I am struck by the randomness of my memory, if, in fact, there isn’t some design behind what I recall from the past. “Stolen Dimes,” a poem I finished this week and posted today, has bits of the long ago that remain very clear to me.
I grew up next to a “corn field” that dramatically reflected the transition of summer, from tall green in July to yellow brown in August.
My early taste of freedom at age eight was walking a mile (probably was a shorter distance, but my legs were short and the trip long) on a country road (yes, there are country roads in New Jersey) to a two-pump gas station that featured a freezer locker-style soda machine where thick green bottles of Coca Cola hung by the neck between metal rails. I’d put in a dime and slide the bottle past a temperamental lock bar. Sometimes the lock wouldn’t open. These denials forced me to tell the gas station owner—he and his family lived above the office—that the machine stole my dime. An eight-year-old confronting a hard edged businessman is a true test of faith—that an adult would believe me and give me the Coke. “Faith” in this case was aided by evidence—the owner would open the money box to determine if “my dime” was captive. As added protection, I’d use a “mercury dime” with a specific date, as opposed to the more commonly circulated FDR dimes. Yes, I am rambling.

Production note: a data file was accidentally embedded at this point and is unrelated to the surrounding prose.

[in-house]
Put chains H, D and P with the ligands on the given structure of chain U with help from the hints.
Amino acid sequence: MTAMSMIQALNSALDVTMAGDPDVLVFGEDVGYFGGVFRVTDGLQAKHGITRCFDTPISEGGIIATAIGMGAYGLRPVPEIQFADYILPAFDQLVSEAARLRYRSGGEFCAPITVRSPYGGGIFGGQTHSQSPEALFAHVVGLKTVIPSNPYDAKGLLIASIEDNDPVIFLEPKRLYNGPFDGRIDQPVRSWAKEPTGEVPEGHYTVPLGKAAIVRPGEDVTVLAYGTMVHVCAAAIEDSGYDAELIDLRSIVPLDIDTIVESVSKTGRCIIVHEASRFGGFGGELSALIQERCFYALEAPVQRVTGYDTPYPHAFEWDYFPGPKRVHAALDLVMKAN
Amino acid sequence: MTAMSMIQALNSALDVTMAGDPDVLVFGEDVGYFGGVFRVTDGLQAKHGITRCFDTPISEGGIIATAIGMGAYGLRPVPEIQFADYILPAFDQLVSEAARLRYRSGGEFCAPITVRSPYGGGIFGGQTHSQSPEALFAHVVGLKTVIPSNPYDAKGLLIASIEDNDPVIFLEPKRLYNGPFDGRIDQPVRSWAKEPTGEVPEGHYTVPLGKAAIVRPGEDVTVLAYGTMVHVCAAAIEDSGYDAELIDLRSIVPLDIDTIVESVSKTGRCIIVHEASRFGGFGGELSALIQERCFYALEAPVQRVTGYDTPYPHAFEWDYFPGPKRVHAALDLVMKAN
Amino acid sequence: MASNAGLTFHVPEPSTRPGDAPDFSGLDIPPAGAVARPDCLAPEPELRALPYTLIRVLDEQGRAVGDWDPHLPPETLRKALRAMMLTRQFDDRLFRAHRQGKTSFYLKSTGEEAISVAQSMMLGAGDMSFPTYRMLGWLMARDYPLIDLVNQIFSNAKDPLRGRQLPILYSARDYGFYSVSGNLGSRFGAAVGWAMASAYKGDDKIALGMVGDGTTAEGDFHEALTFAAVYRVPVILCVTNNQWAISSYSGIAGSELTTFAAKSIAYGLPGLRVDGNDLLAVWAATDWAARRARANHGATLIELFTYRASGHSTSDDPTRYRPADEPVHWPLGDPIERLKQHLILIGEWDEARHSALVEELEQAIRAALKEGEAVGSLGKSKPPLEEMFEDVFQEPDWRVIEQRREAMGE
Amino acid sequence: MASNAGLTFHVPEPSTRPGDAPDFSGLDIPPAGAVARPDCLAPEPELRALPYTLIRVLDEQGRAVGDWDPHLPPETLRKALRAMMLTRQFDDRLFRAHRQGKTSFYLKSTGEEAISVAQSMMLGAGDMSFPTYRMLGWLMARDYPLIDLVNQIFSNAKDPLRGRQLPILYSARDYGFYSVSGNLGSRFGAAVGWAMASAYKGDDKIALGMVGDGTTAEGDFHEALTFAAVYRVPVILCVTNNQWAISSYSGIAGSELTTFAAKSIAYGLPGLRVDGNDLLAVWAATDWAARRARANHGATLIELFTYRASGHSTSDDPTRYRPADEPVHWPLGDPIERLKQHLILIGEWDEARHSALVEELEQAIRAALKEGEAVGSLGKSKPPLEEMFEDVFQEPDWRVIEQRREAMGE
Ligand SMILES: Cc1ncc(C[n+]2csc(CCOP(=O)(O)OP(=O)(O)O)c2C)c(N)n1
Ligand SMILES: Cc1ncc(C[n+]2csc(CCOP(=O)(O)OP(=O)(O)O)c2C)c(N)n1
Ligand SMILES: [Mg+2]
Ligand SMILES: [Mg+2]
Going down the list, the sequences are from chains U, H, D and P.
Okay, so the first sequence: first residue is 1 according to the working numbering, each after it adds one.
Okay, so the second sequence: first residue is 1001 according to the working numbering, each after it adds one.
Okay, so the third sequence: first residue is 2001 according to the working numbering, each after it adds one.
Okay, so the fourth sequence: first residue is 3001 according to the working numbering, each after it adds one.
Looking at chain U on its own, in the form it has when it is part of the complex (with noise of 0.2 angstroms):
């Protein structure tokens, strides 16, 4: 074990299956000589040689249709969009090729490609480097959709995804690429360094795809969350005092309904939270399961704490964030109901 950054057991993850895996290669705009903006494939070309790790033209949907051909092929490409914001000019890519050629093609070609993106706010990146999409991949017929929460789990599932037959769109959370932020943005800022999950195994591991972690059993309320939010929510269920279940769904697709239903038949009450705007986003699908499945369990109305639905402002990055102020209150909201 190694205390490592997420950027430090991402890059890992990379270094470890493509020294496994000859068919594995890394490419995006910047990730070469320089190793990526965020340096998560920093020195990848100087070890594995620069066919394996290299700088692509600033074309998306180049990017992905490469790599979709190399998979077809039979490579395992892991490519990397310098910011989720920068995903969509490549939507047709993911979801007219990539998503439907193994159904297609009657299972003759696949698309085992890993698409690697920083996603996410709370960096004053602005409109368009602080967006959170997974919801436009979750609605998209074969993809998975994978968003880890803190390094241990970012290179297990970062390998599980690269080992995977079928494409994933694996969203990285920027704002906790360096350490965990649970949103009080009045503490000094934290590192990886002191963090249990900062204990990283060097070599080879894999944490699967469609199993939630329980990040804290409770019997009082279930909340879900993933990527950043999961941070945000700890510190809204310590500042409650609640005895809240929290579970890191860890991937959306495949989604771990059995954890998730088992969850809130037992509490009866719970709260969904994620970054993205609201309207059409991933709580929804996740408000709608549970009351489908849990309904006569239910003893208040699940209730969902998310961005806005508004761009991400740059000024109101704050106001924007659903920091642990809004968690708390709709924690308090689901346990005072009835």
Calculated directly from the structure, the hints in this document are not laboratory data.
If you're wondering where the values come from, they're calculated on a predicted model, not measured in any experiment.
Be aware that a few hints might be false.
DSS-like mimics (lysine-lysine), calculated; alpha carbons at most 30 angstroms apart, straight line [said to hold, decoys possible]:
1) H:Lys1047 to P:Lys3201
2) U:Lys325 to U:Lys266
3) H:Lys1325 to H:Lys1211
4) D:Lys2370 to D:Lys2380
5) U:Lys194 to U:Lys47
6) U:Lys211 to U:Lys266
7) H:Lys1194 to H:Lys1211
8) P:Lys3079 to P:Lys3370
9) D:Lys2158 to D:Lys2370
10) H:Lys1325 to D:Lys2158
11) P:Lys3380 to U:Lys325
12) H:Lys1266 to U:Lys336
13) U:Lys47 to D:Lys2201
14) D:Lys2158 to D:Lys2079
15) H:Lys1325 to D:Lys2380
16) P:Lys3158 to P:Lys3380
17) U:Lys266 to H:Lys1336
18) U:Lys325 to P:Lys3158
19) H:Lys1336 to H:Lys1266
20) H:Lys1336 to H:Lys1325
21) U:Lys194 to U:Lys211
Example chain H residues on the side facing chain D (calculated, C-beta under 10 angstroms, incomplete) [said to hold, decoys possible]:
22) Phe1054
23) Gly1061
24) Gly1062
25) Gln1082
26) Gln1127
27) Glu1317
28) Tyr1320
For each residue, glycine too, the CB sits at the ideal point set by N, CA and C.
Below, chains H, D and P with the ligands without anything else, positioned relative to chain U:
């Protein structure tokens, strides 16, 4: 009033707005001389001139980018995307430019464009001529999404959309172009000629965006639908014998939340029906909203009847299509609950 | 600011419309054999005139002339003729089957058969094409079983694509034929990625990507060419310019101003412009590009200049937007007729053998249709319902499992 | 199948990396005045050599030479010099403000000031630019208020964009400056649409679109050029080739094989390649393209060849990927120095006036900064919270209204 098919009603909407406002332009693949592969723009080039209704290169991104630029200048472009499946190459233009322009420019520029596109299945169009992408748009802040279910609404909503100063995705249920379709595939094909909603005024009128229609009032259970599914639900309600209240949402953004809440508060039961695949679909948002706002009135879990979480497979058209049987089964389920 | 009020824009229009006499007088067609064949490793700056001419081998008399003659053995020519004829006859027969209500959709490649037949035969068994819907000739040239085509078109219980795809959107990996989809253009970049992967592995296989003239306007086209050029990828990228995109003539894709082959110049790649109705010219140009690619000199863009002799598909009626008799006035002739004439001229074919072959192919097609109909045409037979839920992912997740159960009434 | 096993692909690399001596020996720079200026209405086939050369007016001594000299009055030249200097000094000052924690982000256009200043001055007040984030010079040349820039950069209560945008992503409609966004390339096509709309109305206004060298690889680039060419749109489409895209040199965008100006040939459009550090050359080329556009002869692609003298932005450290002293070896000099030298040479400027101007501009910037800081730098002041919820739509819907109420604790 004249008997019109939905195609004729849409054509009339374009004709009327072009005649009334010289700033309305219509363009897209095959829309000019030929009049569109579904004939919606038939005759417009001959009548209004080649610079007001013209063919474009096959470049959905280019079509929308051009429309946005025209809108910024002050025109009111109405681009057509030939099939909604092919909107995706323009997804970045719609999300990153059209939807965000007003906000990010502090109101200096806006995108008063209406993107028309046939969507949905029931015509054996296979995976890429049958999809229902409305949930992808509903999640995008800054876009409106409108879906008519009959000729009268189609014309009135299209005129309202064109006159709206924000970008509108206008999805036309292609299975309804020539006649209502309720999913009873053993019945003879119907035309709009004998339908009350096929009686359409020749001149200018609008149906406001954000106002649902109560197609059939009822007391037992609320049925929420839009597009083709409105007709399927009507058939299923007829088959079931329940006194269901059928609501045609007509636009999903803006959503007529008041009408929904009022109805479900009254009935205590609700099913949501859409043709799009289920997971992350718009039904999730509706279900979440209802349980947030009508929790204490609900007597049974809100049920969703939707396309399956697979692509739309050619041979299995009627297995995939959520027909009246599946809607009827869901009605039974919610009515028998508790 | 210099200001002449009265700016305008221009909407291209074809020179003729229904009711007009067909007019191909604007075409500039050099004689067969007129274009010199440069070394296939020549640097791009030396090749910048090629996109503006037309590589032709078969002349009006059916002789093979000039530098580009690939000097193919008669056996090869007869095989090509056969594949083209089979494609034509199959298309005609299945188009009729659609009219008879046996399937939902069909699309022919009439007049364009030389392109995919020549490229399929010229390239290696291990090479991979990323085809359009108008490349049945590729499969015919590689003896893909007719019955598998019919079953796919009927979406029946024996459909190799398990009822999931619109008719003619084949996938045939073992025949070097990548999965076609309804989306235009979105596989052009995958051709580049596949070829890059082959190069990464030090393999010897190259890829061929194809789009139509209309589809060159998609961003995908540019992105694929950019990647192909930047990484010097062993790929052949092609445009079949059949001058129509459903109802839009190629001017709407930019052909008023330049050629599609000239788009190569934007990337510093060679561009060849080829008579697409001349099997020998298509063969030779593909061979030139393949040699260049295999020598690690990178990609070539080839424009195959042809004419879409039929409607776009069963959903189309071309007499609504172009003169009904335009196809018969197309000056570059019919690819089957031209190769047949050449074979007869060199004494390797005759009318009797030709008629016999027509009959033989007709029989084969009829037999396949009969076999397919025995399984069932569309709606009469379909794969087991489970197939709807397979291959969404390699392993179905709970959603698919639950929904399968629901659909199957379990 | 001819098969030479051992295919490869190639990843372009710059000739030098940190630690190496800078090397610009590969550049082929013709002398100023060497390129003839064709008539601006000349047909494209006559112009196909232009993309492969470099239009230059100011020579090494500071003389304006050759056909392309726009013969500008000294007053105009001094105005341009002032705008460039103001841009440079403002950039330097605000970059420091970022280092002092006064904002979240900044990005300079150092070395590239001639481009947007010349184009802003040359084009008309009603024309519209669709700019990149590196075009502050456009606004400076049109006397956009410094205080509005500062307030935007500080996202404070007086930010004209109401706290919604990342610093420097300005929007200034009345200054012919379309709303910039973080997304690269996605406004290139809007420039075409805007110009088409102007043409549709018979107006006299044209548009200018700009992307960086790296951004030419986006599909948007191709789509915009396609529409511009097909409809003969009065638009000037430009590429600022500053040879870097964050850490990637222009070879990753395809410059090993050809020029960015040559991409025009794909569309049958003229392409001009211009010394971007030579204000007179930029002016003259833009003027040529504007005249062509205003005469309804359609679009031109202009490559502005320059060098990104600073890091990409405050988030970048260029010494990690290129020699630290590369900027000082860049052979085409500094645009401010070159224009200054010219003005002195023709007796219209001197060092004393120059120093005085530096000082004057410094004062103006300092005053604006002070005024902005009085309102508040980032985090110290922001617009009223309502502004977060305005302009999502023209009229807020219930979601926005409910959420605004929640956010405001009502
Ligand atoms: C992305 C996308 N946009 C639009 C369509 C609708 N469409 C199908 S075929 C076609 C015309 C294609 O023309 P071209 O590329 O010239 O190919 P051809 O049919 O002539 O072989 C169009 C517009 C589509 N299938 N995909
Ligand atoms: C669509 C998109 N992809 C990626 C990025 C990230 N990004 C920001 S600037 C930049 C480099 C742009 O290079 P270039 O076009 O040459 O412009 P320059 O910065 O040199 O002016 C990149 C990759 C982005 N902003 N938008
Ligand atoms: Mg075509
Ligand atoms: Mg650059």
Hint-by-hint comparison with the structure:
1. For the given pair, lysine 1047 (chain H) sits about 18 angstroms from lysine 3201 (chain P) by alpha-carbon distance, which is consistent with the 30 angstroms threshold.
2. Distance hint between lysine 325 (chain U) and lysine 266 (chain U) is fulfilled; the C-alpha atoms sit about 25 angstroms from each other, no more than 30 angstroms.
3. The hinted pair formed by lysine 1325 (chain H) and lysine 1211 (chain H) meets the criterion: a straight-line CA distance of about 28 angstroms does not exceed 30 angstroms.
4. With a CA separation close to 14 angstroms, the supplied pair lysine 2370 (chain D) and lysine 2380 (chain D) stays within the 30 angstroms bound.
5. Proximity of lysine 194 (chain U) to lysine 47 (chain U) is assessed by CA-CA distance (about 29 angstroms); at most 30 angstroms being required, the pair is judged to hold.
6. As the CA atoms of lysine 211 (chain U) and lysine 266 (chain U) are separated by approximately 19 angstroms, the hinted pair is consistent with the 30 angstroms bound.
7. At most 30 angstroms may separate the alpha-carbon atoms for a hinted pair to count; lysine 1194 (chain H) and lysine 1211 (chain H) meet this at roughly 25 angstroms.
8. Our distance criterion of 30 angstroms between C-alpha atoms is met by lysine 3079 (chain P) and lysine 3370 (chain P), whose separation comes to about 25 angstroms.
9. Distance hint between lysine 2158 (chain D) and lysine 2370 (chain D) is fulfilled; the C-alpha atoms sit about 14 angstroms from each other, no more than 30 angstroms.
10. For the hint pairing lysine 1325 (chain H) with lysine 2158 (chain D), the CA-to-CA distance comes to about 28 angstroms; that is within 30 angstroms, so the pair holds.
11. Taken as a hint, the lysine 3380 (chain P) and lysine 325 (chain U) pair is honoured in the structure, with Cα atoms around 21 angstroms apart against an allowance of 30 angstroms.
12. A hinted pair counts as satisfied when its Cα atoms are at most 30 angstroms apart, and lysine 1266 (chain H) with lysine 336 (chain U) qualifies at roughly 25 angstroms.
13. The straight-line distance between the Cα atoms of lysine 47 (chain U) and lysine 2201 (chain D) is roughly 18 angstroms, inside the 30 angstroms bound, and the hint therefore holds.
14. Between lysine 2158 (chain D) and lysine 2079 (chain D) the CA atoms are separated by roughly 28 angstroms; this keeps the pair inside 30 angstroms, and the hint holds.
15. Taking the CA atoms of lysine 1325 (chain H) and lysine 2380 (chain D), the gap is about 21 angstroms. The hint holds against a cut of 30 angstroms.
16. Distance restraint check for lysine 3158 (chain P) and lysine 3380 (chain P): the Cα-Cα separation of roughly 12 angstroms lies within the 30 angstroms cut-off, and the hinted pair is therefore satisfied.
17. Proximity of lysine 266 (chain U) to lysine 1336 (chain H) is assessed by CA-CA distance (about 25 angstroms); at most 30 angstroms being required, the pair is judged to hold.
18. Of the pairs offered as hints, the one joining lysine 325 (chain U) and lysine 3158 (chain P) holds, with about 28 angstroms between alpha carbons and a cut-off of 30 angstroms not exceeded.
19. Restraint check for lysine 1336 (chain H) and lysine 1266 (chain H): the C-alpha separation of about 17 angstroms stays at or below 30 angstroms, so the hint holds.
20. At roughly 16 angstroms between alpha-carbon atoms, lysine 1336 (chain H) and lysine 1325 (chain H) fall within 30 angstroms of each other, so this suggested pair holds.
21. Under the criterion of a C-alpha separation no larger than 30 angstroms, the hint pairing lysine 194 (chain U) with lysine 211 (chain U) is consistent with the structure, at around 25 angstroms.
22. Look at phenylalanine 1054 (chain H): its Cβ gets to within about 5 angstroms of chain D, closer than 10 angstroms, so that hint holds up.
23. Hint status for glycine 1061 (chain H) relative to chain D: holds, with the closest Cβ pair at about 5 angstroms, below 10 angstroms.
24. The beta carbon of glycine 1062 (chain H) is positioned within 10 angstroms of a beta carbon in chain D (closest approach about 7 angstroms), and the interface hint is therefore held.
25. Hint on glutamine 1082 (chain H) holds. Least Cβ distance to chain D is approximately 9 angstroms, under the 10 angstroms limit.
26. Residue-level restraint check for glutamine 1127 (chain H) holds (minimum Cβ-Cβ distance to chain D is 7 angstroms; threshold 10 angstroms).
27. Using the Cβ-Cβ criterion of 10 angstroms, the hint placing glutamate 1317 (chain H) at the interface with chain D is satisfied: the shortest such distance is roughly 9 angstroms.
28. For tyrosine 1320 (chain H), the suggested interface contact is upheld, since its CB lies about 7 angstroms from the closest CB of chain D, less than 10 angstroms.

The Mack truck reference comes from working in the summer as a truck driver when I was in college. I drove dump trucks and moving vans that gave me a sense of power on the road. At the end of a work day, I listened to the random ping of metal from the hot engine.
As I write this I realize there more layers to this memory of stolen dimes. But this short poem captures the moments that are currently on the surface.